Can I take a moment here to reiterate that I hate promos for shows I care about? Promos are supposed to give you a teaser to keep you coming back; they are not supposed to give away key plot points. In any case, next week’s episode looks fantastic, and that’s as far as I’ll go.The more I thought about it, the more I considered last week’s episode to be a high point in an exceptionally strong freshman season. Compared to that, of course, this week was going to be a bit of a come down. Part of it has to do with the fact that we’re being set up for the final episode, so while we got many great little moments, something tells me they’re saving the bonafide A-material for next week.So let’s talk about those little moments. The meeting that Coach and Jason had with Saracen was hilarious. Jason had the best line in the scene when he explained, “I’ll take care of Julie. I’ll give her a nice call and tell her there’s a new girl in town a... read more

March 28, 2007: This is Ours, Baby

“Welcome to the most talked about football game in the State of Texas.” It should go without saying that most sports commentators — and most network promo people — are prone to hyperbole, but I don’t think that this particular commentator was exaggerating, nor do I think that last week’s preview of this episode, touting it as, “one of the most inspirational,” was off the mark.It seems that we so rarely get to see the Panthers actually compete, but those games really serve to anchor their respective episodes. In the past they’ve embodied our characters’ feelings of suspense and disappointment, but this week it was all about control.Lyla told Jason what no one else was willing to tell him, which was that despite this terrible thing that happened to him, he doesn’t get a free pass in and that perhaps it was time for him to start getting a handle on his life. And he did. He took control during the settlement talks, finally getti... read more

February 28, 2007: I'm Incredibly Hungover Right Now

In the space of three episodes I’ve gone from hating to loving Tim Riggins. I’m sure I’ll hate him at some point again this season, but for the moment, I’m pretty enamored. When he taught little Bo how to throw a spiral, I thought I was going to crack my face open with my smile. Yes, there’s probably a little more going on there than just trying to be a good neighbor, but it was nice to see him doing something constructive to help someone else out (as opposed to instigating a riot on the football field). Also, how cute was it that Bo always had to call Tim by his full name? It’s the little touches like that that get to me.Of course, as well as things are suddenly going for Riggins, they’re going as badly for Smash and Waverly. She was pretty disturbing this episode, but it was the first time I felt much sympathy for the character at all. I have to wonder what will happen now that we know about her mood disorder. It would seem that Smash has no cho... read more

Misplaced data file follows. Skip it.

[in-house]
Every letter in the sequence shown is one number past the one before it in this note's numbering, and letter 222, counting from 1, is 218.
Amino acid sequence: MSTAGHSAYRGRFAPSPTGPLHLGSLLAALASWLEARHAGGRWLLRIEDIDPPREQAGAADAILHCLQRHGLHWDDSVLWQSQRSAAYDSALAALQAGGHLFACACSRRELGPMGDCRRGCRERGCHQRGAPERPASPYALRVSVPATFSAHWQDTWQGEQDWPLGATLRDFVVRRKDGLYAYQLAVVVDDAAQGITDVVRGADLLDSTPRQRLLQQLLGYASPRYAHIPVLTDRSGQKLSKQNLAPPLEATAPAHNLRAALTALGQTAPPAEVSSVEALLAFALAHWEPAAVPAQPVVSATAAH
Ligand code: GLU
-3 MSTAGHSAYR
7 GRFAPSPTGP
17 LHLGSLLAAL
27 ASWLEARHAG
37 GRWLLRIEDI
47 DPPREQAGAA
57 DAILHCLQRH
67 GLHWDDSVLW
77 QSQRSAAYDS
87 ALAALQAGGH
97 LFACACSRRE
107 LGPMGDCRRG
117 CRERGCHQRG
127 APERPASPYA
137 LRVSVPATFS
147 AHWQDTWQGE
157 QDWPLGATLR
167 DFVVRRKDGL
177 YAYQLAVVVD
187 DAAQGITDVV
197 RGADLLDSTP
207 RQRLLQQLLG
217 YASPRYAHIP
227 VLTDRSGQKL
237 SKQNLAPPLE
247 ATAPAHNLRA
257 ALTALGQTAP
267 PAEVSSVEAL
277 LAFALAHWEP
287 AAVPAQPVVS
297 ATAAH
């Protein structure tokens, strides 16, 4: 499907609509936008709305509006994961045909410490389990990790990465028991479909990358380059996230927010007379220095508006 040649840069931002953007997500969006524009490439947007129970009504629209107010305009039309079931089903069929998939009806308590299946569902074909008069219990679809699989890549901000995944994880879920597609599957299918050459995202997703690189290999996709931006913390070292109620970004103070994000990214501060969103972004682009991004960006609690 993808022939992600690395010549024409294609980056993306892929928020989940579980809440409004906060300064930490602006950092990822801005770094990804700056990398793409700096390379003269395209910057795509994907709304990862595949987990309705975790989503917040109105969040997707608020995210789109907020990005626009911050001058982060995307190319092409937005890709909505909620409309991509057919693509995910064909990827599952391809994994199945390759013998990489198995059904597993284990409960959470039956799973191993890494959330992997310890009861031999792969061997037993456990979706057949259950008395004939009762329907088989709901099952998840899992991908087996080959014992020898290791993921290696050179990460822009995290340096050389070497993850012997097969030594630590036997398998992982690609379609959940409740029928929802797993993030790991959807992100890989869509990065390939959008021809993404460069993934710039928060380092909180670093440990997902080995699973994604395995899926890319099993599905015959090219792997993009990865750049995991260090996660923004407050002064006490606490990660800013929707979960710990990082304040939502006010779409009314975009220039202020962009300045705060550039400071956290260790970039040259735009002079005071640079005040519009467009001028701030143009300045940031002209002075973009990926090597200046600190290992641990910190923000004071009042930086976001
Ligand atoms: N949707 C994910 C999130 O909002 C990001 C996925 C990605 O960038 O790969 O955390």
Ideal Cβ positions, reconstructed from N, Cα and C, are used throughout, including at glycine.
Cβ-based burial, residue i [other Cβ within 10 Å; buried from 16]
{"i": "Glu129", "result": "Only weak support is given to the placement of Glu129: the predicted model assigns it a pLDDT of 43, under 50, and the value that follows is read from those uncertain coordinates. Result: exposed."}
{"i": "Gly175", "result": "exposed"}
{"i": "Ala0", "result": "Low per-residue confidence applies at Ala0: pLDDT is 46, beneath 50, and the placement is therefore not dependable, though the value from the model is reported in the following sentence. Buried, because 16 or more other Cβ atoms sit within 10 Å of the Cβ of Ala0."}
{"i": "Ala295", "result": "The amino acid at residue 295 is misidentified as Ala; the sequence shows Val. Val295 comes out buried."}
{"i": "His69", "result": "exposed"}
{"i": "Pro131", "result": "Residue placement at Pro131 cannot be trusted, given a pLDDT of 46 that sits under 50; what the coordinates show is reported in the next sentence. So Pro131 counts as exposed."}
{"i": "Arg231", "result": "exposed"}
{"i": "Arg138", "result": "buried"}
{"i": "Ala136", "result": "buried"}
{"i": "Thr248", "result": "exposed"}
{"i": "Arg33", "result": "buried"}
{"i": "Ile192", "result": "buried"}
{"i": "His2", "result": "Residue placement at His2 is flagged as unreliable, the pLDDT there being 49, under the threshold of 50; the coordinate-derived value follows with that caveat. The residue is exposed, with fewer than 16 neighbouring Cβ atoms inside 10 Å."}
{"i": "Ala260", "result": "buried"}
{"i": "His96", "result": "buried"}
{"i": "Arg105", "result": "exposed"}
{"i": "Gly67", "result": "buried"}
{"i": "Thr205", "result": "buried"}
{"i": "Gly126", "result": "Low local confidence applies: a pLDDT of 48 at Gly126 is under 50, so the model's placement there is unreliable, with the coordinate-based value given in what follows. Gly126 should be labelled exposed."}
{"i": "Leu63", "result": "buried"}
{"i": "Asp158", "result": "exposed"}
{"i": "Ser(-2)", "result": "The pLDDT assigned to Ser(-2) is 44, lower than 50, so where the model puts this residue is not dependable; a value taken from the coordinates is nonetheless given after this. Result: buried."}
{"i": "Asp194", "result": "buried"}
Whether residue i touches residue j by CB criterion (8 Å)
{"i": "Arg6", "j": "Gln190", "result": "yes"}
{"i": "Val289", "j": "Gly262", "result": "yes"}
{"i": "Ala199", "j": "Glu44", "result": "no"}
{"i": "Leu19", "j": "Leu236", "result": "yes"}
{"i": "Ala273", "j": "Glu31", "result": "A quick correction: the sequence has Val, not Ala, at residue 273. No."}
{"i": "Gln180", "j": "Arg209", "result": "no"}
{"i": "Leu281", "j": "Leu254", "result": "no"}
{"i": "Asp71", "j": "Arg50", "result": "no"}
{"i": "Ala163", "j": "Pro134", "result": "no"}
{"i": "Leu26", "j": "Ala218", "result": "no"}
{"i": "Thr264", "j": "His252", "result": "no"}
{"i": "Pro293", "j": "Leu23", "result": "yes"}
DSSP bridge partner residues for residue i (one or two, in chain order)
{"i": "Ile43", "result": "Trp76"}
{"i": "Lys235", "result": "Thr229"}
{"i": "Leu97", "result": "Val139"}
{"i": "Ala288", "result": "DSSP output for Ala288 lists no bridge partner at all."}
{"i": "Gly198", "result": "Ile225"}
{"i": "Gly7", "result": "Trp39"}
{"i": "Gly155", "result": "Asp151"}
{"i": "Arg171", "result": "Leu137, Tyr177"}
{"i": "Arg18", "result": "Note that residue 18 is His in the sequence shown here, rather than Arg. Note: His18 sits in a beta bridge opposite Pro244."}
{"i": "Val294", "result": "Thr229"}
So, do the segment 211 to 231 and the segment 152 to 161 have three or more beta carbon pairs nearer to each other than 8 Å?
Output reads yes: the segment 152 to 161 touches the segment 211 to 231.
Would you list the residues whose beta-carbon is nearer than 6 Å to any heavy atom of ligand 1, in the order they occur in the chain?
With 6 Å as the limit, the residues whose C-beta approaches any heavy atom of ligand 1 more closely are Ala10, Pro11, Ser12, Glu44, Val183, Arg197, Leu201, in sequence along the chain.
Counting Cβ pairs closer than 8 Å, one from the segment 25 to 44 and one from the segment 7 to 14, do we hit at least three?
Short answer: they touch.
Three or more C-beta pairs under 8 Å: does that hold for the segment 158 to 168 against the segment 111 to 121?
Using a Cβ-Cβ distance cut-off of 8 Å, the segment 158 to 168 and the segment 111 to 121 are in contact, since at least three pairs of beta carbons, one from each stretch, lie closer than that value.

February 21, 2007: You Ever Watch the Nature Channel?

Let me sum up this episode in one word: Mortified. That’s pretty much how Coach and Tami reacted to Julie and Matt’s decision. It also aptly describes Tim’s feelings toward his father and the entire town’s reaction to Tyra’s mom’s display of jealousy, but more on those two later. While I was pretty sure that Matt and Julie wouldn’t have sex, I am still beyond relieved that they didn’t. It seemed pretty obvious to me that she was doing this because it seemed like the natural next step in the relationship, even though she was 15 and they only just declared themselves a couple. Thank god Matt talked some sense into her. He might have had his own ulterior motives, though, especially after the talk in practice in which he divulged that the first time he drove, “I crashed my grandma’s car and now Landry drives me around.” Speaking of Landry, he needs to leave the advice business for good. As if having your girlfriend’s mom watch... read more